Quarterly statistics on waiting times for a first consultant-led outpatient appointment.
In contrast to inpatients and day case admissions, outpatients are not admitted to hospital for their assessment.
The latest statistics published cover up to the end of March 2017. Data has been published by Department of Health.
The total number of patients waiting includes all outpatients waiting for their first consultant-led outpatient appointment for any length of time. It therefore includes patients who have been waiting for one day, as well as any waiting for a number of weeks or months, (see definitions).
Numbers and percentages of patients waiting by Specialty (clinical area), by different timebands. There may be differences in coverage of certain timebands over the full length of available data, (see definitions).
Note that as some timebands cover all patients waiting over a certain number of weeks (e.g. '9 weeks and over' and '18 weeks and over'), the sum of these will result in double counting of a number of patients.
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‘By March 2017, 50% of patients should wait no longer than 9 weeks for a first outpatient appointment; with no patient waiting longer than 52 weeks.'
Performance is measured in two ways:
The table below shows the performance of outpatient waiting times. These measure the progress towards achieving the Ministerial Target by March 2017.
Performance profiles are included for all outpatient waiters, in health trust groupings and by some clinical specialties.
The quarterly data covers April 2015 to end December 2016. However, figures for patients waiting over 52 weeks started to be collected only from April 2016.
|Outpatient Grouping||Percent over 9 weeks||Number over 52 weeks|
For more detailed and additional information please see DoH Outpatient Waiting Times Documentation .
Outpatient waiters are defined as patients still waiting for their first outpatient appointment at the end of the quarter, including those who have cancelled or missed a previous appointment. An outpatient appointment is to enable a patient to see a consultant, a member of their team or locum for such a member, in respect of one referral.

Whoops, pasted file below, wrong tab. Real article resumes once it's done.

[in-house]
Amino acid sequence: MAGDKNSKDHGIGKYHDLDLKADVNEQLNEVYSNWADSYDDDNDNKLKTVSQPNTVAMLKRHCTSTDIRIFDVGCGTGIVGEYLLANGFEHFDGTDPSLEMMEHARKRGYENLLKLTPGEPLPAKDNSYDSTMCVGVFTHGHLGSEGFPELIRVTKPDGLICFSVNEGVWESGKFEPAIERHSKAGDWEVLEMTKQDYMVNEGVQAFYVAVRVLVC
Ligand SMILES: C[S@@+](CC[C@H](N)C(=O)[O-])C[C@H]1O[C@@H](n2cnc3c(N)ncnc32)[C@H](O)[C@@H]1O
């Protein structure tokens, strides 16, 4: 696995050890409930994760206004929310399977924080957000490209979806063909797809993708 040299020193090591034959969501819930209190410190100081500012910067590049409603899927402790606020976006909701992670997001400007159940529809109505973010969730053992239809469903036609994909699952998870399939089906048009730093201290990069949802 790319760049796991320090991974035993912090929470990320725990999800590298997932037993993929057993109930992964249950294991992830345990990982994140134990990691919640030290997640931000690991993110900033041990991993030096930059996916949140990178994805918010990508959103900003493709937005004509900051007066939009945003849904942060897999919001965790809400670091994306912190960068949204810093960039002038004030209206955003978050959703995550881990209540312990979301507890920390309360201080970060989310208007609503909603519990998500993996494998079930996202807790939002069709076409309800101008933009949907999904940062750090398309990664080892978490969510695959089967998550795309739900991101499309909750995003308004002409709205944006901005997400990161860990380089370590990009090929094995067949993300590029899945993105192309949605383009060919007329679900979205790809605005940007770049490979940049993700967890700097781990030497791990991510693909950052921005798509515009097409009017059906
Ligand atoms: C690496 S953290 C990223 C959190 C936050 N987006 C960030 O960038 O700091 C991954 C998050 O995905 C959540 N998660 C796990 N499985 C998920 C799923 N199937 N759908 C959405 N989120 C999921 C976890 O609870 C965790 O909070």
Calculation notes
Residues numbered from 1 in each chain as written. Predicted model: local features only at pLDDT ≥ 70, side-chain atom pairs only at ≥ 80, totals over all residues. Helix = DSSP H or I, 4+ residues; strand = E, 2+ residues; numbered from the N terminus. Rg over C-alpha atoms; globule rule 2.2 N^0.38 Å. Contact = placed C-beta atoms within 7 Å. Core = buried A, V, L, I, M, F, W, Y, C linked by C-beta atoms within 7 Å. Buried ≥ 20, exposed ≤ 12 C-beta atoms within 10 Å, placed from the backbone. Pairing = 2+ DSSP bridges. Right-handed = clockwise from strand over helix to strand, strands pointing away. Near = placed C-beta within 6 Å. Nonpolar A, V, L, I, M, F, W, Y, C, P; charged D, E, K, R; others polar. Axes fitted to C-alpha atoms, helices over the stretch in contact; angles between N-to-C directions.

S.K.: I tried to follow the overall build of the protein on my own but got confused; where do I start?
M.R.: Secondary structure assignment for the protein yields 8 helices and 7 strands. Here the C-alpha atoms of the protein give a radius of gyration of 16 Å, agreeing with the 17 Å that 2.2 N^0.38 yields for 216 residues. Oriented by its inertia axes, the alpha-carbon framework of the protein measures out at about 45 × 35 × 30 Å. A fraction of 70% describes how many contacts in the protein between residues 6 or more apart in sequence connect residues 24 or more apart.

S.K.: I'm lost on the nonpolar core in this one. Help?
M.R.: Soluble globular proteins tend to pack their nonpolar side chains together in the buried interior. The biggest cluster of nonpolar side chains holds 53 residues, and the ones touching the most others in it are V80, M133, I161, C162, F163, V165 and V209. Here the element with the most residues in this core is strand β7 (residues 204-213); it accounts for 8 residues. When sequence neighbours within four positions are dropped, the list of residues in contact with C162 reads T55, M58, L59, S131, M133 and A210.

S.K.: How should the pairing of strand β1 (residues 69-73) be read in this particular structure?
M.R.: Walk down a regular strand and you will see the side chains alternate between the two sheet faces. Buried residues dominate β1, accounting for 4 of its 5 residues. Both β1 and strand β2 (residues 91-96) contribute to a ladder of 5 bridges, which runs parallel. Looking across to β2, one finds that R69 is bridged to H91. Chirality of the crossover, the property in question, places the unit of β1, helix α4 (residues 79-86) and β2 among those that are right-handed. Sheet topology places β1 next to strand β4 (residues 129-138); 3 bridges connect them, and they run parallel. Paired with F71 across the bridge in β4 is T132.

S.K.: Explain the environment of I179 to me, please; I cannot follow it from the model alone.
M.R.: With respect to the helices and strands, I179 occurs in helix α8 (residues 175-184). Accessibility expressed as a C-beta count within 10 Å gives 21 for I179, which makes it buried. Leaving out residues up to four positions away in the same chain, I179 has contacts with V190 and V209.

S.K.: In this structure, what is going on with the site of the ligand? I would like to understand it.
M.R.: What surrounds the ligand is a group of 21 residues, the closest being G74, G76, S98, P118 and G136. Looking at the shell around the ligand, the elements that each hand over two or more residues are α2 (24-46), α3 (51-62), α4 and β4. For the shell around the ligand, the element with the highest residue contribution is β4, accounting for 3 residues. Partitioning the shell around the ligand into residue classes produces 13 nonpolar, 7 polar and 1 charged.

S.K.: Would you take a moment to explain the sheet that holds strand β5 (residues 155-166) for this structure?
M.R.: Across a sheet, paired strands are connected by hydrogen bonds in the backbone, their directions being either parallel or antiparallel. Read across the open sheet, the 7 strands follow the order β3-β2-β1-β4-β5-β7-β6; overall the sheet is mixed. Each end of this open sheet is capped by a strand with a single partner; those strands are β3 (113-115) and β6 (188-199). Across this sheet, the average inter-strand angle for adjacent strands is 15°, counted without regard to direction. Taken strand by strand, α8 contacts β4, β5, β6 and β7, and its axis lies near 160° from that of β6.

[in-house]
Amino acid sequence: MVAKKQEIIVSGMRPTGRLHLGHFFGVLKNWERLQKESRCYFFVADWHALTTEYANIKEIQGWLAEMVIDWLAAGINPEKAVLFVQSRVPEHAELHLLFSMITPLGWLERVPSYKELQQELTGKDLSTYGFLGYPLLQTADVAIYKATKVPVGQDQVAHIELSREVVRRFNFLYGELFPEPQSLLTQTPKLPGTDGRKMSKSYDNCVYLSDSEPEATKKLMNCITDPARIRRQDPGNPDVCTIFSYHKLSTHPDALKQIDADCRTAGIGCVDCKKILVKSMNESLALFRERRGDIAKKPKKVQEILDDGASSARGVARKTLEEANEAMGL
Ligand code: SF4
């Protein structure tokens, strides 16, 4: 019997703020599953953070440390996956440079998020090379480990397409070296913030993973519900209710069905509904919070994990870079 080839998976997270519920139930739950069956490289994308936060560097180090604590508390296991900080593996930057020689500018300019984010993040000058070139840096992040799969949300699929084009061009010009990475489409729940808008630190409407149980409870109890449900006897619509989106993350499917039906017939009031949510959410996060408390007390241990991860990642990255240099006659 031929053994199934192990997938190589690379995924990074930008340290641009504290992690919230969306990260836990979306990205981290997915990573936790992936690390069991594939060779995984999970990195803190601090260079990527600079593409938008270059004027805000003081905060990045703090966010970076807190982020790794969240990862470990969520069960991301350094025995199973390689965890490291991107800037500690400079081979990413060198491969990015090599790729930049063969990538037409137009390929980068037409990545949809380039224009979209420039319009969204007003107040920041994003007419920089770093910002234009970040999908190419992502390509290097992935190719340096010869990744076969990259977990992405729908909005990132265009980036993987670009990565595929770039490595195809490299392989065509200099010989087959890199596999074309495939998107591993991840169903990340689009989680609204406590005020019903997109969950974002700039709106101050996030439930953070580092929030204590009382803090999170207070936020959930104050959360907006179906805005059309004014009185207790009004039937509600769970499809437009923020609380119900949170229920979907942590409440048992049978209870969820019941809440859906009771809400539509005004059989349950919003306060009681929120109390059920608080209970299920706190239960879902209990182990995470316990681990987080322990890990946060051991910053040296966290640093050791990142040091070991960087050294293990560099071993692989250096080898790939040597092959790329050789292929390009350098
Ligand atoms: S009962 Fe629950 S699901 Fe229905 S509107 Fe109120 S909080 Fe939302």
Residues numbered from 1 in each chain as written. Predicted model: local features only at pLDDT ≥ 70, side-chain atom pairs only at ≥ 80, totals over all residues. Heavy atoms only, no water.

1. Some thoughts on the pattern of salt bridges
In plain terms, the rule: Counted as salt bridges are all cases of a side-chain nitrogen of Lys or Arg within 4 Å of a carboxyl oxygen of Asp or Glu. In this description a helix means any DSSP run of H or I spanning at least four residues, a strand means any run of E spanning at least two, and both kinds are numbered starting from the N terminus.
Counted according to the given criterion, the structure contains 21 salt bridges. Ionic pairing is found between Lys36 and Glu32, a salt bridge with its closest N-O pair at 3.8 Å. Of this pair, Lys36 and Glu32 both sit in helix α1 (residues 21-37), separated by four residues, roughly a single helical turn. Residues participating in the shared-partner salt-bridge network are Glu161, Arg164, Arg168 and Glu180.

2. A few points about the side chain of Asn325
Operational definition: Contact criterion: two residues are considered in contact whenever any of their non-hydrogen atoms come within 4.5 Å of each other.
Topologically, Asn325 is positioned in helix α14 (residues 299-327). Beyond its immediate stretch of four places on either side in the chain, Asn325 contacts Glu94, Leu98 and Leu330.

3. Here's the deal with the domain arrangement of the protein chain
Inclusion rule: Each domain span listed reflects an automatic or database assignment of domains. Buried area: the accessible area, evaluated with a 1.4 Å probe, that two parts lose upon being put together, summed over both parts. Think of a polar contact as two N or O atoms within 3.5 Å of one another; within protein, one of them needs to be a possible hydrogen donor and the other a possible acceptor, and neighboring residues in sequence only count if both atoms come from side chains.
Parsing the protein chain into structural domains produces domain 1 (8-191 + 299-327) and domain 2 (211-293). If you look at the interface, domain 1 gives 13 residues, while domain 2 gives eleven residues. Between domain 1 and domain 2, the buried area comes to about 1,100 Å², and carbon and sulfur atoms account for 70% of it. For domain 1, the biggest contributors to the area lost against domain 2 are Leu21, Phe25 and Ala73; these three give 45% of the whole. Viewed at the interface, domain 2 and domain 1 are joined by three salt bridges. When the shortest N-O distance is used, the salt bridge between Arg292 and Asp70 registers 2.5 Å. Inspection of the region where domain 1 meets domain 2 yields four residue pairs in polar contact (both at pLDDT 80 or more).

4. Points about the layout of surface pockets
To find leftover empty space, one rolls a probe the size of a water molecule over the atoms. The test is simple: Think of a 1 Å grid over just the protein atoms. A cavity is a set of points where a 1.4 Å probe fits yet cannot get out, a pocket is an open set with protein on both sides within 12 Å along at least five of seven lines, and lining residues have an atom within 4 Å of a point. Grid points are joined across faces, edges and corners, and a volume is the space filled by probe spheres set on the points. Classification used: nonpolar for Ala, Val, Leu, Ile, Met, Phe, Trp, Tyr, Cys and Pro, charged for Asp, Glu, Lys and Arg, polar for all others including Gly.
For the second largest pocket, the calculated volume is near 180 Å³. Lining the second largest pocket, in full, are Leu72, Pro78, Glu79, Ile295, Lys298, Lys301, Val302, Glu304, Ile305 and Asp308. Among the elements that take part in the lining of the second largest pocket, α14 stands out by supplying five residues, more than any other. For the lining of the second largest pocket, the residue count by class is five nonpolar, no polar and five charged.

Waiting time for a first outpatient appointment begins on the date the HSC Trust receives a referral for a first outpatient appointment and ends on the date a patient attends a first outpatient appointment (face to face or virtual) at a consultant-led outpatient service. Patients who cannot attend (CNA) have their waiting time adjusted to commence on the date they informed the HSC Trust they could not attend, while patients who do not attend (DNA) have their waiting time adjusted to commence on the date of their DNA.
A first outpatient appointment is the first of a series, or the only attendance (face to face or virtual), at an outpatient service with a consultant or their representative following an outpatient referral. In practice, most referrals will be seen as a consequence of a GP referral request; however, referrals may also be received from a range of other sources (see Section 3). First attendances at an outpatient clinic that are initiated by the consultant, who has already seen the patient, are classified as review attendances i.e. following an attendance at an Accident & Emergency unit or following an inpatient admission.
Each outpatient waiting timeband relates to the number of completed weeks a patient has been waiting for outpatient assessment. For example, a patient waiting exactly 6 weeks would be included in the '0-6' week timeband and a patient waiting 6 weeks and 1 day would be included in the '>6-9' week timeband (greater than 6 weeks but waiting no longer than 9 weeks). Not all timebands have available data for the full length of the period covered. For example, the number of patients waiting over 52 weeks started to be measured only since the quarter ending June 2016; the number waiting over 18 weeks has been measured since the quarter ending June 2011; the number waiting 0-6 weeks has been measured for the full length (since the quarter ending June 2008).
Patients will be referred for a first outpatient appointment for a specific medical condition. Following receipt of the referral by the HSC Trust, the referral will be triaged and allocated to the most suitable consultant. Each consultant employed by the HSC Trust will have an allocated specialty of employment (from a list recognised by the Royal Colleges and Faculties), and it will be this specialty against which the patient’s waiting time will be reported. These data provide a useful insight into the differences in both the demand for certain types of medical procedures, and also the existing capacity available to meet these demands.
We use the most recent quarterly datasets that the Department of Health publish for secondary analysis. These will include any revisied figures from previous published data that may be present.
Data are sourced by Department of Health directly from HSC Trusts, via the Departmental CH3 Return.